Servo Motor is behaving weird

I recently bought the Arduino starter kit and followed all the projects, till the project 5. In that project I struggled to get everything working correctly, but after a while everything was working fine. Except the Servo Motor.

In the Serial Monitor, the code prints out something like (potVal: value, angle: angle)
Here is the code:

#include <Servo.h>

Servo myServo;

int const potPin = A0;
int potVal;
int angle;

void setup() {
  myServo.attach(9);
  Serial.begin(9600);
}

void loop() {
  potVal = analogRead(potPin);
  Serial.print("potVal: ");
  Serial.print(potVal);
  angle = map(potVal, 0, 1023, 0, 179);
  Serial.print(", angle: ");
  Serial.println(angle);

  myServo.write(angle);
  delay(15);
}

As you can see angle = map(potVal, 0, 1023, 0, 179); tells the motor to work around those numbers.
The problem is that I don’t get near those numbers, and get into the 300s (potVal) and 50s (angle).
Also the actual Server Motor is not working well, it’s behaving oddly (ex: jumping around and randomly moving the pin).

Im very new to Arduino and would love some help. Thanks in advance!

alexholstv:
I recently bought the Arduino starter kit and followed all the projects, till the project 5. In that project I struggled to get everything working correctly, but after a while everything was working fine. Except the Servo Motor.

In the Serial Monitor, the code prints out something like (potVal: value, angle: angle)
Here is the code:

#include <Servo.h>

Servo myServo;

int const potPin = A0;
int potVal;
int angle;

void setup() {
  myServo.attach(9);
  Serial.begin(9600);
}

void loop() {
  potVal = analogRead(potPin);
  Serial.print("potVal: “);
  Serial.print(potVal);
  angle = map(potVal, 0, 1023, 0, 179);
  Serial.print(”, angle: ");
  Serial.println(angle);

myServo.write(angle);
  delay(15);
}




As you can see *angle = map(potVal, 0, 1023, 0, 179);* tells the motor to work around those numbers.
The problem is that I don't get near those numbers, and get into the 300s (potVal) and 50s (angle).
Also the actual Server Motor is not working well, it's behaving oddly (ex: jumping around and randomly moving the pin).

Im very new to Arduino and would love some help. Thanks in advance!

Welcome to the Arduino forum and a “karma” for putting the code in the proper brackets so it looks like code.

I suspect the 15 milliseconds you have at the end of the “loop” is not near long enough. try 1500 or more.

Also please explain how you are powering the project.

Paul

Show us a good schematic of your circuit.
Show us a good image of your wiring.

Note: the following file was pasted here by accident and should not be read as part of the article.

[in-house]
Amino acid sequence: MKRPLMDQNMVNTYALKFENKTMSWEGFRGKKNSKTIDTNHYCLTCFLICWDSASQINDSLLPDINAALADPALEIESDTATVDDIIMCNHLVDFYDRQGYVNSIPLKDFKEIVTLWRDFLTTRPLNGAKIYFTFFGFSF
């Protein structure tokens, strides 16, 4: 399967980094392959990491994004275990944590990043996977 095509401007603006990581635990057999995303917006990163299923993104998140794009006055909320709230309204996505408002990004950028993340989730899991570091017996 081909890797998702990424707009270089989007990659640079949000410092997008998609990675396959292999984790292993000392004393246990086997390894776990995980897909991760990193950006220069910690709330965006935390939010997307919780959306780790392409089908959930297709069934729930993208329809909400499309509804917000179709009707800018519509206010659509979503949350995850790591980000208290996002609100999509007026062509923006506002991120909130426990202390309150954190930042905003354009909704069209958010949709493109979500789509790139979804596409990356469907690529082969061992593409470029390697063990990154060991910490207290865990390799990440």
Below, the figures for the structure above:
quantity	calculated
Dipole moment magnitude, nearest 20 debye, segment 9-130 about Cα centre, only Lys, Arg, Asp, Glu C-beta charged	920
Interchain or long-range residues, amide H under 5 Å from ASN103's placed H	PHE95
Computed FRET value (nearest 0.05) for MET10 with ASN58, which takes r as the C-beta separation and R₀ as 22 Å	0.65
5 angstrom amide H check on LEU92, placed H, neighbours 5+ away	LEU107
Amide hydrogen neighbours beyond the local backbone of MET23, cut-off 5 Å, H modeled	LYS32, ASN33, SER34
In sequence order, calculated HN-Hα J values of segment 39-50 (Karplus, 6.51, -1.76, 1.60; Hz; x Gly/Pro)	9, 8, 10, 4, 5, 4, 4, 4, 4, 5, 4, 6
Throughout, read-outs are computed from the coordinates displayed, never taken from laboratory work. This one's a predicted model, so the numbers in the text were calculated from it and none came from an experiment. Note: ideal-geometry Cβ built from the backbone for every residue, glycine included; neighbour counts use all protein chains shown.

Give links to components. Posting images:

Many of those kits make the terrible recommendation to power the servo from the Arduino 5V pin.

If that is the case, stop now -- it will cause program malfunction and possibly even damage the Arduino. Use a 4xAA battery pack to power the servo and connect the grounds.

jremington:
Many of those kits make the terrible recommendation to power the servo from the Arduino 5V pin.

Can hardly blame them, when this very site does exactly the same. The below is from the knob example:

Thanks everyone for answering!

Thanks larryd for showing me how to post images!
Anyways, wow, i had no clue that Arduino would make this kind of bad recommendation in their own starter kit.

After changing the delay to be 1500 it sadly doesn't fix the issue. The pin is now moving very little at a time but still not as expected.

Disconnect the servo for now and just check that “potval” ranges all the way from 0 to 1023. If it doesn’t the potentiometer is wired wrong. That needs fixing first.

When that works “angle” will definitely go from 0 to 179. If that doesn’t work then you aren’t running the code that you have posted here.

Now connect the servo again and report what happens. I’d change the delay back down to something like 100 which will give the servo time to move provided you turn the pot fairly slowly. 1500 will make it too unresponsive.

BTW although it is definitely not a good idea for any real usage, the small servo in the kits will generally work powered from the 5V pin provided that it has no load on it. If it’s just sitting on the bench swinging its arm round it should be fine.

Steve

Can hardly blame them, when this very site does exactly the same.

That is one example among many of the sorts of misinformation to be found on the official Arduino web site.

Forum members have tried, but in many cases have not been able to get the site owners to correct their mistakes.